How NOT to be a Good Christian

Being a good Christian sounds nice.  But to me, it  is trying to feed the ego so that I can feel better about myself.  It is trying to build up churches, ministries, fellowship, etc. in order to serve the self.  It is worshiping pastors, doctrines, denominations, and convenient interpretation of Bible verses, not serving others like Jesus taught us.  It is not even about Jesus or God, it is simply about the self.

Being a good Christian is  looking for “salvation,” waiting to go “up there” in heaven, or hoping to have some miraculous revelation from God.  Not being a good Christian, on the other hand, would be to stop looking, and simply being.  It means to stop following the church, and start following Jesus.  Now, my personal experience of being is to embrace what I have learned is good and practice it everyday.  It is not to do what I have been told many times is expected from church (even if they say it is what God wants).

What follows are a few tips on how Not to be a good Christian.

Stop Attending Church.  Yes, you read it right. It is truly a waste of time, unless you go to learn more about how to feed the hungry, visit orphans, shelter the homeless, fight for justice, and make peace. But if it involves singing, greeting each other, praying, and listening to a sermon that promotes religiosity and indoctrination of the denomination, like I have witnessed all of my life, then Jesus is being left hungry and naked.  Many times, and  I recently visited one which confirmed this, churches are basically a celebration, like a pep rally.  And people experience the same excitement and pleasure as when people go to concerts, movie theaters,  political conventions, and sports events.  No difference.

Dare to doubt. Question what you were taught to believe, especially if it only helps the church to grow, not promote justice.  Dare to believe in making peace, loving our enemies, forgiving, feeding the poor, being humble, and other perfect selfless characteristics that Jesus taught us at the Sermon on the Mount.

Accept change. It is all about Transition.  It is all a transition from one stage in life to another.  I have learned in life that we must lose some in order to gain some.  When we hold on to specific ideals, people, jobs, etc. without the state of mind that nothing is eternal, then we would be stagnated.  We don’t grow.  People die, jobs are lost, friends leave, opportunities change, simply because life goes on.  I should not hold on to an ideal for too long, because then the reality of the inevitable transition of life will surprise me and the result is disillusionment, chaos, and depression.  On the other hand, when I start accepting the fact that we are all evolving, that nothing is eternal, and that some things end so that others begin, then when change occurs, it is easier to simply embrace it and move on.

Love the Unloved.  Do you love those who agree with you, share the same interests as you, and love you back?  That’s nice.  However, that is just being a good Christian, not what Jesus taught us to do.  How about praying for terrorists?  How about genuinely serving the mean boss who micromanages you?  What about forgiving the robber, rapist, or murderer that just messed up your life? Impossible?  If you are a good Christian, yes it would be impossible.

I consider myself a Reflective Christian, and those of you who have visited my blog before probably have read what I mean by this (Please read What is this Kingdom? page).  My experience has been that it is not about me.  This life is not about following the right denomination, building churches, saying the right things, or religiously reading the Bible and pretend we have a ticket to go to heaven. It is not even about going to heaven, but actually living heaven by doing what Jesus taught us to do: serve others unconditionally.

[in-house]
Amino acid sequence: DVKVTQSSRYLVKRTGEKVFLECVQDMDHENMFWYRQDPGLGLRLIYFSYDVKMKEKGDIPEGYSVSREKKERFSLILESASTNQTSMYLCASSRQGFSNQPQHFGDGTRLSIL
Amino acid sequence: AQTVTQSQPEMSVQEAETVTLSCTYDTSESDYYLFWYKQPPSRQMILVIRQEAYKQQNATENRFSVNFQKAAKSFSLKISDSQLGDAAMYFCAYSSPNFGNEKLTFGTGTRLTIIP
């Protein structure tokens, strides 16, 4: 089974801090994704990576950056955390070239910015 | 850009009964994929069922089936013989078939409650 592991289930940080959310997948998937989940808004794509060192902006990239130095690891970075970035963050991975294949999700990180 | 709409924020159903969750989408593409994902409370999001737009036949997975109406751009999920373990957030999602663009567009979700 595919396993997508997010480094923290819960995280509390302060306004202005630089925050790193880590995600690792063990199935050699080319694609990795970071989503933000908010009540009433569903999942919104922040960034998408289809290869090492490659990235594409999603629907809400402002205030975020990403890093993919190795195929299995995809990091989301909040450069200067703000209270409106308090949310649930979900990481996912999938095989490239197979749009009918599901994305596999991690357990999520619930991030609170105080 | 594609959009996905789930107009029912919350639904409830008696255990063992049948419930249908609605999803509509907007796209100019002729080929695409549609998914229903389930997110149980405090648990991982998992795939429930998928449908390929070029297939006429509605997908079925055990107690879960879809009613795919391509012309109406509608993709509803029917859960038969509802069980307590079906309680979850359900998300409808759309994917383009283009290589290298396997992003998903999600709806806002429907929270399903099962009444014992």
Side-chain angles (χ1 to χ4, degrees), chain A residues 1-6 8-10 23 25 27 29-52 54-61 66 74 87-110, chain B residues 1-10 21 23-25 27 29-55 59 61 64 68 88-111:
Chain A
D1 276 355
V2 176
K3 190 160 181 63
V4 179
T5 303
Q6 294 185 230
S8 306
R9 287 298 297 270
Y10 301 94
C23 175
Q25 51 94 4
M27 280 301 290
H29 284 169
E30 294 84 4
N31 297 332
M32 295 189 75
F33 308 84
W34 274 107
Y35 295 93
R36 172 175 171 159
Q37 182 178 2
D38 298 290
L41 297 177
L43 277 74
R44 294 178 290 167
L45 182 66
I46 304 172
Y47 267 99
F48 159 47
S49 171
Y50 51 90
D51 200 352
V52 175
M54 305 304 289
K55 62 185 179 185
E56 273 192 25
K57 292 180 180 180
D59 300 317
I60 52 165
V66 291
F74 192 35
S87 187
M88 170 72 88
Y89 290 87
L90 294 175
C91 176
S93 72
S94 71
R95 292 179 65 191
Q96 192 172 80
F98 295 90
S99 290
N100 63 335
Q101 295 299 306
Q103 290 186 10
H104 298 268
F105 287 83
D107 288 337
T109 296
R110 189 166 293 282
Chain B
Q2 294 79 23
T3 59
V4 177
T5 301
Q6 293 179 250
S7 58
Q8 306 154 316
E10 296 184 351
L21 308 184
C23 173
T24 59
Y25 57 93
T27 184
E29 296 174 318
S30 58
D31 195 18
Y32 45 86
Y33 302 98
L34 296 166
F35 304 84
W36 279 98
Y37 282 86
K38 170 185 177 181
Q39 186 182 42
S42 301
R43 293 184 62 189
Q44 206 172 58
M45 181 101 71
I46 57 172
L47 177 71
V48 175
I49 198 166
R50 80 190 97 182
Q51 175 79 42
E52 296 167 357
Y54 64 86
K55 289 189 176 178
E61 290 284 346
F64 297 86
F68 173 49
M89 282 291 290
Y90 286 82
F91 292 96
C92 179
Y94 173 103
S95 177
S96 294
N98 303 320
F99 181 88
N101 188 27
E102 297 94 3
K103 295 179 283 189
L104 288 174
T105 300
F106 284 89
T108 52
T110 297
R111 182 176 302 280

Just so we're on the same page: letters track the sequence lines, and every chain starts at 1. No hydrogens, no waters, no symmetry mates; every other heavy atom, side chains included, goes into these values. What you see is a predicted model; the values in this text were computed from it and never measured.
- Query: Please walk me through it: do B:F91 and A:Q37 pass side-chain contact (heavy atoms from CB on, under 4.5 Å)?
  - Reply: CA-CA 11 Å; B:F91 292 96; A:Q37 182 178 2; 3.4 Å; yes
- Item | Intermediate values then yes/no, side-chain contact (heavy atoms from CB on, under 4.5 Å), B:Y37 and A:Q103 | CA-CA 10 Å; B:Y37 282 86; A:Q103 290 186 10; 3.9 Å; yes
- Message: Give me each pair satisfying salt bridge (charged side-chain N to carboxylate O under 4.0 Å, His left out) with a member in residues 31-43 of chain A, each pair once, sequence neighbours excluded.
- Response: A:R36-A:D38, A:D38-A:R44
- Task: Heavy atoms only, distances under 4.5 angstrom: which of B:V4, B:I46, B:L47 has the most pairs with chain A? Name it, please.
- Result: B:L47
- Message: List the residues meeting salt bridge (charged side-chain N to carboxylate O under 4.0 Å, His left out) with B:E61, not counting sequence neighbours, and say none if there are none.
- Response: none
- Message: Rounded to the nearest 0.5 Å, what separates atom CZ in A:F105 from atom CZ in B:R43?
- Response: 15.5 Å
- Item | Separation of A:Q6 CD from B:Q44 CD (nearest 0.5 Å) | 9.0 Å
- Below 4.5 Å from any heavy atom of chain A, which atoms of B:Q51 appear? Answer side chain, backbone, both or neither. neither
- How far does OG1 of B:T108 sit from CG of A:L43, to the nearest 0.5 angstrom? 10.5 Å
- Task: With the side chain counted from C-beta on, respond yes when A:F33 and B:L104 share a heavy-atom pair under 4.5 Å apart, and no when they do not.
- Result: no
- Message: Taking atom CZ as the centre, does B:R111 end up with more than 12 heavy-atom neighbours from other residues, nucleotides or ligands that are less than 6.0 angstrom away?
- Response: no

Do you want to follow Jesus for real?  Then empty yourself from all selfish agendas, “take the cross” by accepting the selflessness of the Kingdom of Heaven, and reach out to others.  Do this and you will be just like Christ.  Anything else would simply mean being a good Christian.


About Noel

I am a person who has realized that this existence is an opportunity to engage in the genuine care and service of others. I have evolved from fundamentalism to a moderate spiritual approach. I am an introvert, an artist, and a a reflecting person who has grown to not fear doubt but to embrace it as a means to growth and increasing closeness to the fullness of life. View all posts by Noel

12 responses to “How NOT to be a Good Christian

  • Larry Who

    Noel, I read your comments at Marianne’s site (God’s Promises Are Real). What exactly did Jesus say would happen to people who did not believe in Him?

    • Noel

      Larry, thank you for commenting. The Gospels say Jesus spoke about loving our neighbors as ourselves, which is next to loving God (they are equal), as the most important commandment. But “whoever does not believe stands condemned already because they have not believed in the name of God’s one and only Son. ” Furthermore, Jesus continued by saying that ” This is the verdict: Light has come into the world, but people loved darkness instead of light because THEIR DEEDS WERE EVIL. Everyone who does evil hates the light, and will not come into the light for fear that their deeds will be exposed” In other words, people loved darkness more because they did not believe and therefore practice the Kingdom of Heaven, not because they did not confess Jesus as their Savior. People can claim their faiths all they want, but if their lifestyles do not reflect it, their claims mean nothing. James writes very clearly that faith without works is dead. No, I am not implying that we are “saved” through works alone. I am not even talking about “salvation” but about living Heaven on earth (which by itself is salvation). And Jesus did not even talk about Hell like today’s Christians do (but Gehenna, a dump outside of Jerusalem that burned trash and dead bodies). My point is, today’s Christians quickly jump into conclusions that we must follow specific church doctrines in order to avoid eternal damnation. This is not the loving God that Jesus attempted to teach us.